Surrogate Mom Who Kept Baby With Down Syndrome Says Toddler Is Hitting Milestones

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Source:   —  April 19, 2016, at 2:57 PM

In January two thousand thirteen, two months into the pregnancy, doctors told the couple, who live in Antioch, California, in the San Francisco Bay Area, that the child, whom they'd already named Delaney, would be born with Down syndrome, the couple told ABC News.

Surrogate Mom Who Kept Baby With Down Syndrome Says Toddler Is Hitting Milestones

Andrea Ott-Dahl said she was more than pleased to serve as surrogate to her friends who were having trouble getting pregnant, but she and her wife, Keston Ott-Dahl, were unaware that it'd modify their lives forever.

In January two thousand thirteen, two months into the pregnancy, doctors told the couple, who live in Antioch, California, in the San Francisco Bay Area, that the child, whom they'd already named Delaney, would be born with Down syndrome, the couple told ABC News.

"When the Dr came in, the four of us, I'd declare we were in shock," said Keston, fifty. "We were devastated. Andrea was catatonic. The doctors made it seems love Delaney was going to be blind [and] have autism. They said the fluid build-up on the back of her neck, it'd either murder her or there would be a severe deformity that'd see love another head. They told us she'd a five % chance of surviving up until birth."

"They successfully scared those two intended moms into wanting to terminate," Keston said.

Andrea, thirty-four, said she agreed to serve as surrogate for her two friends -- a lesbian couple who'd been having trouble getting pregnant for six years. Andrea donated the eggs for the pregnancy, making her the biological mother of Delaney.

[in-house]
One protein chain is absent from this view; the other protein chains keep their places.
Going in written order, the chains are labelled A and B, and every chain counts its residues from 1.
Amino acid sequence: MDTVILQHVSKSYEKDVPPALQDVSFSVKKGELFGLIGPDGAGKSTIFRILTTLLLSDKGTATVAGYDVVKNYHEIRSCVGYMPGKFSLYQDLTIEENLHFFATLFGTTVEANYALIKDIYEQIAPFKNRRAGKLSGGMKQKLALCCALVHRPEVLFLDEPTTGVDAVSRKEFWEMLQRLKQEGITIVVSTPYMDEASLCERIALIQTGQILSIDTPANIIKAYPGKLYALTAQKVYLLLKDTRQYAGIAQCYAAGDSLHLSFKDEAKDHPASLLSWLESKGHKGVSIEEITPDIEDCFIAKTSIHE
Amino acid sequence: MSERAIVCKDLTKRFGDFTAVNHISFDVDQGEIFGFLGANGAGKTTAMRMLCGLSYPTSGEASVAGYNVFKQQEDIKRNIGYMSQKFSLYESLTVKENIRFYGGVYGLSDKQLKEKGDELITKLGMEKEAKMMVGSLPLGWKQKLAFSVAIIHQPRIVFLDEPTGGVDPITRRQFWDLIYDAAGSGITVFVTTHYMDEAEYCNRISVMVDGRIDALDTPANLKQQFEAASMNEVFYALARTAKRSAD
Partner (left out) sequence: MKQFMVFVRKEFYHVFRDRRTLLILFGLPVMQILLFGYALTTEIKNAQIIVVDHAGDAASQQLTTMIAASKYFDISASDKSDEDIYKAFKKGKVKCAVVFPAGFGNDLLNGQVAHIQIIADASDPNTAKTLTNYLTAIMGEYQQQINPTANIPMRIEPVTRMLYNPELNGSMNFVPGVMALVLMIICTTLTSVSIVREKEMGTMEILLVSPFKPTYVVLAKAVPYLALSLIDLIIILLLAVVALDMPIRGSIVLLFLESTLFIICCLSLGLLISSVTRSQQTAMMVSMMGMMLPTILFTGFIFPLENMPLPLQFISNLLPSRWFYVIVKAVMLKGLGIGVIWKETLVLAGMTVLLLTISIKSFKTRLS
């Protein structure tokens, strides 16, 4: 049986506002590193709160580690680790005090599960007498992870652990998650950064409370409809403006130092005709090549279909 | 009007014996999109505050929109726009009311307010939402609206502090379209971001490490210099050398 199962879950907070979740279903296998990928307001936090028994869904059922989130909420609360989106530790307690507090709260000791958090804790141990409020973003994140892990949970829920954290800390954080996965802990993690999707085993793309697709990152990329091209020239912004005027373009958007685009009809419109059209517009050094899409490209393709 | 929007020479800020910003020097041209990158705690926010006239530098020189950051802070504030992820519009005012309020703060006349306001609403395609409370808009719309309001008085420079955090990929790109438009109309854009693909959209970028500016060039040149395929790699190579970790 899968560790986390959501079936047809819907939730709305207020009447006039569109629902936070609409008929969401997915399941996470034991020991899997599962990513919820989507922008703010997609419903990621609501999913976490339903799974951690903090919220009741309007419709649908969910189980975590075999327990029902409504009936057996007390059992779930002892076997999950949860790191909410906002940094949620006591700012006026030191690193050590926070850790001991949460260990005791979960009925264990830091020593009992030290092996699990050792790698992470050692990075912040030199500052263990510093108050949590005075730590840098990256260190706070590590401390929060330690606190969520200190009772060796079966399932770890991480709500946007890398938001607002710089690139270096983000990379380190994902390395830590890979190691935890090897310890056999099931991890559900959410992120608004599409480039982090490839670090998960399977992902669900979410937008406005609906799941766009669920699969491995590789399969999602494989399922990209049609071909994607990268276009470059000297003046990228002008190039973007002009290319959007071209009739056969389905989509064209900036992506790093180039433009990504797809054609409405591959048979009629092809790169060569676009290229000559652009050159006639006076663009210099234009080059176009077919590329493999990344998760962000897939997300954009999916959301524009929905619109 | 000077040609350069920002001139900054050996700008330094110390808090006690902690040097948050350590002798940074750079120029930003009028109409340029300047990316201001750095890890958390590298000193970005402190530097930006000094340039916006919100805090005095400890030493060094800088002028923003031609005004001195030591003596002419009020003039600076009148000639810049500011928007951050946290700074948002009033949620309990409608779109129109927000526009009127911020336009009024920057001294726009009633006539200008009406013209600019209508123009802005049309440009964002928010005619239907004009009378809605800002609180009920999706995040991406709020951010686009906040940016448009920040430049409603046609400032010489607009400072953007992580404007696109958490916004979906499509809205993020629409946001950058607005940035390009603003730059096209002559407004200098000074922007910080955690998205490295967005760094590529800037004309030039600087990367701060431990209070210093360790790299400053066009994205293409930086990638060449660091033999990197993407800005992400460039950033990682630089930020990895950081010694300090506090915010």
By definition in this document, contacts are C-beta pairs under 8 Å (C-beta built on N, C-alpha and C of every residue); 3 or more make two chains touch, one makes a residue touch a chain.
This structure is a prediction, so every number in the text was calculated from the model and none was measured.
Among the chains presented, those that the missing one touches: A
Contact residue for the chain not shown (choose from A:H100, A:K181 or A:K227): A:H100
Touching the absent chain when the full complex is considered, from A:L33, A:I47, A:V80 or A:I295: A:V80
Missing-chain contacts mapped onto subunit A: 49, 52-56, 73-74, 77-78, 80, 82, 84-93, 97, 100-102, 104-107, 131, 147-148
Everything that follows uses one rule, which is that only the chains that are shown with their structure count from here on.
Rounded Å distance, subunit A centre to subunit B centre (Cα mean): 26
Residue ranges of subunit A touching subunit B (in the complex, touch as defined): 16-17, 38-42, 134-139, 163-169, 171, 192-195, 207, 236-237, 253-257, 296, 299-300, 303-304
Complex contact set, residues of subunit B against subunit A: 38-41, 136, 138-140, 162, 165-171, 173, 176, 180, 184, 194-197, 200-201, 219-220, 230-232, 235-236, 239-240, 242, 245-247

"Our hearts went out to these women because we knew the joys of having a family," said Andrea, who's a mother to five children. "Finally, we got pregnant and everyone was happy, but at the twelve-week ultrasound, the Dr noticed the buildup of fluid behind the baby'south neck. He told us this would be Down syndrome, or worse."

Upon hearing the news of the diagnosis, the baby'south intended mothers decided they number longer wanted Andrea to move forward with the pregnancy, Keston said.

"They said, 'The decision to terminate is our decision alone,'" Keston recalled. "We decided we loved her [the baby] and that she was ours."

Andrea and Keston said they made it a point to start educating themselves on what it meant for a baby to have Down syndrome.

"Andrea and I sat for countless hours watching these videos," Keston said. "We saw kids that are actors, entrepreneurs, they obtain married ... they do things that any kids can do."

Michelle Whitten, president and CEO of the Global Down Syndrome Foundation, agreed that there is still a stigma attached to people who are diagnosed with the genetic disorder. However, those growing up with Down syndrome can still live successful and fulfilling lives, she said.

“There are people with Down syndrome who are accomplishing these incredible things,” Whitten said. “Just see at TV. You've Lauren Pitter, who's one of the ongoing cast members in ‘Glee’; Jamie Brewer, who’s done three seasons of ‘American Horror Story’; Madeline Stuart from Australia is working it all over the world as a fashion model."